For their part the Romans lined up with Salinator on the left facing the Spaniards, Licinus in the center, and Nero on the right looking at an uphill battle against the Gauls. As the action opened, Nero found he could make no progress, not because the Gauls were fighting so hard, but simply because the terrain made advancing nearly impossible. Using his head and his force structure for something besides a battering ram, Nero cut loose the rear ranks of his part of the line and marched them over to the extreme left, setting up for a devastating flank attack on the Punic right.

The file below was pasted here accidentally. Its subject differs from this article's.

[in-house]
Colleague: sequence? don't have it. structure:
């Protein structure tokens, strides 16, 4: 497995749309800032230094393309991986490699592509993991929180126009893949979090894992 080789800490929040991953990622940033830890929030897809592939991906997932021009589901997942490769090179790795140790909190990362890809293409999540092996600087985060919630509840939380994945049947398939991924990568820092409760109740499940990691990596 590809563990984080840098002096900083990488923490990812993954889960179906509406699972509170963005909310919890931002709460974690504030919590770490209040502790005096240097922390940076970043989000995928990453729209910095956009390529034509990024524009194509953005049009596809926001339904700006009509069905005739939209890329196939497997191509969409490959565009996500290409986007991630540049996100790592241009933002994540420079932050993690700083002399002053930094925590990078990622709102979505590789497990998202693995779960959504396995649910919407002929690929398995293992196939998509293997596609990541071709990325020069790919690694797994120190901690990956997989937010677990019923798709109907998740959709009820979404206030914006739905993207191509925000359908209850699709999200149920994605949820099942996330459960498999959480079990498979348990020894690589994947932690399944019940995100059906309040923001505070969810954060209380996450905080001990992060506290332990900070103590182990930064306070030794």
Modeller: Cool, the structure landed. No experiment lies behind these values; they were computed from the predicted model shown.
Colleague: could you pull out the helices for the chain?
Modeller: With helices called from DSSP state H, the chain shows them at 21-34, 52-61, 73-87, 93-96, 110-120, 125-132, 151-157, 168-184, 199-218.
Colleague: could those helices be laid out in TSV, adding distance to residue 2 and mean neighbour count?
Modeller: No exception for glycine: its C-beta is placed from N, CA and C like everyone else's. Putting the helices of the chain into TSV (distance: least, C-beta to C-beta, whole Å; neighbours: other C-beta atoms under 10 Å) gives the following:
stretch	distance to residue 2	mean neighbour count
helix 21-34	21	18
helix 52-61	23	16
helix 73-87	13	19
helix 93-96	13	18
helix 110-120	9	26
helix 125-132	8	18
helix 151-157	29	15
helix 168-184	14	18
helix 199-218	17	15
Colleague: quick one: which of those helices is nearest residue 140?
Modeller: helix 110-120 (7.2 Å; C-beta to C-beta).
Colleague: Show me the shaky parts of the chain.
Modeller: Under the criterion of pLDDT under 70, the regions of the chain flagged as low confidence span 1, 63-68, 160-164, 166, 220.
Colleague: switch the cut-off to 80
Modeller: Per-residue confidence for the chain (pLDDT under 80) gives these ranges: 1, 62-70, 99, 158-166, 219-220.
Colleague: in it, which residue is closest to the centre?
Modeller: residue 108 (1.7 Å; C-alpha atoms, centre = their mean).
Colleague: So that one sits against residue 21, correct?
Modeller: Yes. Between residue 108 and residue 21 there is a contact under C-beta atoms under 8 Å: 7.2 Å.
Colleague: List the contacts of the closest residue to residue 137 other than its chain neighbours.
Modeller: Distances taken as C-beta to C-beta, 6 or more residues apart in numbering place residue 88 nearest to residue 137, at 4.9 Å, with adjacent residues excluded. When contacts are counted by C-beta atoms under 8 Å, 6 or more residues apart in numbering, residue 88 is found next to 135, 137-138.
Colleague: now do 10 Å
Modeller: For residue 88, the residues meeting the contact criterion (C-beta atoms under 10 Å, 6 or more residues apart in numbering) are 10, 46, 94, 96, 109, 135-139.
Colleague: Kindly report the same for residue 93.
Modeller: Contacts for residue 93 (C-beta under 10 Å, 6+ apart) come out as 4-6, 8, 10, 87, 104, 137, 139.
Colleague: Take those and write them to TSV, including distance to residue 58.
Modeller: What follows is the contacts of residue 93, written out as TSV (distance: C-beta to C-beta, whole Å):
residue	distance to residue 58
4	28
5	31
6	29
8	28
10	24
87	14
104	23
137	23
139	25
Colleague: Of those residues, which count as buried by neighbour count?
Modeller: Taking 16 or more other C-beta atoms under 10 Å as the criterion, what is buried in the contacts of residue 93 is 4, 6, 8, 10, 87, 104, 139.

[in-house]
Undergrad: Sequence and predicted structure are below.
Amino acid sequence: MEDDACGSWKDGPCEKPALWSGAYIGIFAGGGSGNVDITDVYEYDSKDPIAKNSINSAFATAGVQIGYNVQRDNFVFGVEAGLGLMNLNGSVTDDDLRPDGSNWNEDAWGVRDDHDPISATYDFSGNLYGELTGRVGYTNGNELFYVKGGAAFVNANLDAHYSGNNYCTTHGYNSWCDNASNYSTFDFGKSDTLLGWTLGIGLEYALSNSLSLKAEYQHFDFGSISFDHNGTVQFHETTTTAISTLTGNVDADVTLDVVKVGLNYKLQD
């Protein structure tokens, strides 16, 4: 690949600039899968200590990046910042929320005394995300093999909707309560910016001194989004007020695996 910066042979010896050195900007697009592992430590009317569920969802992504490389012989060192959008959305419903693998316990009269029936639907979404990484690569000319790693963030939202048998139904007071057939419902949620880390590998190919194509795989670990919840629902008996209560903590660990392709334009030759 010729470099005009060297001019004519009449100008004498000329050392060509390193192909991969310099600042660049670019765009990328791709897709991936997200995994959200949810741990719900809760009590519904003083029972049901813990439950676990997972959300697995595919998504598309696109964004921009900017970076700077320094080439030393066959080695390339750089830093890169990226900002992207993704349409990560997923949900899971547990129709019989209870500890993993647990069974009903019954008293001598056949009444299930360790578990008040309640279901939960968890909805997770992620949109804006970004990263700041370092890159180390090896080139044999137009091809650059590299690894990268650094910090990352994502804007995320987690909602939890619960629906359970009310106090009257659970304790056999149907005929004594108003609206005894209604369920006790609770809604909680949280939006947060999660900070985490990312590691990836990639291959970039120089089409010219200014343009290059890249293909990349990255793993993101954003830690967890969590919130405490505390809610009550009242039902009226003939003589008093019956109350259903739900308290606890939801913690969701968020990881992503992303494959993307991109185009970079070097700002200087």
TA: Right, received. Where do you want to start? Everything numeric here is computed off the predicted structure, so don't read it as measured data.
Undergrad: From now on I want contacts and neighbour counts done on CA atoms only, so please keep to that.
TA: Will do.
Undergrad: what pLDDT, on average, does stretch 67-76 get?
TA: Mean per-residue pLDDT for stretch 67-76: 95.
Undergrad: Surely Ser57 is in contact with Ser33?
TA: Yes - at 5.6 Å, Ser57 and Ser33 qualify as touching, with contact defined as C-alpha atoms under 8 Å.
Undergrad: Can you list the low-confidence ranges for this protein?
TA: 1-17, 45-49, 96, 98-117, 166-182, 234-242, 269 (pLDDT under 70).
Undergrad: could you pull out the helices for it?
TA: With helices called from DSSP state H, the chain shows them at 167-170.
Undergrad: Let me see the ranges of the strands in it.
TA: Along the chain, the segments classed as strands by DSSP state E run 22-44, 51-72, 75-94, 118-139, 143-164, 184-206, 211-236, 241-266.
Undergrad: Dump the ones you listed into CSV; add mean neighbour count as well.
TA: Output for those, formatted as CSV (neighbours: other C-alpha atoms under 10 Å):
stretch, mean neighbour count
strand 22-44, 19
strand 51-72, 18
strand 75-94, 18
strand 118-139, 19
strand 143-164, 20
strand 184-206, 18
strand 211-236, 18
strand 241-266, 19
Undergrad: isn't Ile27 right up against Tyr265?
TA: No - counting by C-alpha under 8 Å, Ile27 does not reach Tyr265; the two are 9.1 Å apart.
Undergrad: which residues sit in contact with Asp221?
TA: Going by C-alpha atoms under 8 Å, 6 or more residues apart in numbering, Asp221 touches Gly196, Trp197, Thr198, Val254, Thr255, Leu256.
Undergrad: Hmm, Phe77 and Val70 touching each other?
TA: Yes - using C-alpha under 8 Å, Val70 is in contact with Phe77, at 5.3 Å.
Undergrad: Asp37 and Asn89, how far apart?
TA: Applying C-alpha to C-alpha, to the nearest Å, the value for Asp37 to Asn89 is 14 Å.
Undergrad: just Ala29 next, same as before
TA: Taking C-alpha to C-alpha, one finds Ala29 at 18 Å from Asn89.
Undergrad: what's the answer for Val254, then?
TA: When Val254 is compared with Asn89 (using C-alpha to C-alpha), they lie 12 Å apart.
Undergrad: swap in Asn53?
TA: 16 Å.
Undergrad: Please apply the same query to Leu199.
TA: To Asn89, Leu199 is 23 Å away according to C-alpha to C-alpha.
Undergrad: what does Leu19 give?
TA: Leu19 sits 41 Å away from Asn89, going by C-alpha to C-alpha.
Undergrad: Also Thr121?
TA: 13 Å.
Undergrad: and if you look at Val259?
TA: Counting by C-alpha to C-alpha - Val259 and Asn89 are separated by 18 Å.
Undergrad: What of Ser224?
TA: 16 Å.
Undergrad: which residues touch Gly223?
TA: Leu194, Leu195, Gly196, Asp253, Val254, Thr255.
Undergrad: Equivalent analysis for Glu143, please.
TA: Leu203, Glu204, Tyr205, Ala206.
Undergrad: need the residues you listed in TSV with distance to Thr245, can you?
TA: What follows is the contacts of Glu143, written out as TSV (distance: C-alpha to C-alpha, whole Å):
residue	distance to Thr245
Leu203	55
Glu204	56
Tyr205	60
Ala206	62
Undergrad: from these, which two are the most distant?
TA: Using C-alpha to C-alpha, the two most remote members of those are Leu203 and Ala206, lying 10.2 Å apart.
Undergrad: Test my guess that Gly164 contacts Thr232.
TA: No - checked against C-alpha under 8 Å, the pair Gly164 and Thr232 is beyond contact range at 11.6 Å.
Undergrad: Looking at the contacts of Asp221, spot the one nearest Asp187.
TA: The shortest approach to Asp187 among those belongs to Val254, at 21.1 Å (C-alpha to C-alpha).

Here Salinator was engaged in a furious struggle with the troops from Spain, the elephants as usual sowing confusion as they trampled both sides with panicked impartiality. Nero soon broke the stalemate, leaving the Spaniards in a death grip, front and rear, to be cut to pieces. Most were killed at this point, along with six of the elephants; the remaining four elephants wandered off to be recovered later. Meanwhile, the Romans had rolled up the rest of the Carthaginian line and had reached the campsite, where, Polybius reports, they butchered many of the Gauls, whom they found drunk and asleep.58 As for Hasdrubal, Livy and Polybius agree that once he saw that all was lost, he made no effort to escape but died bravely in the midst of the fighting.59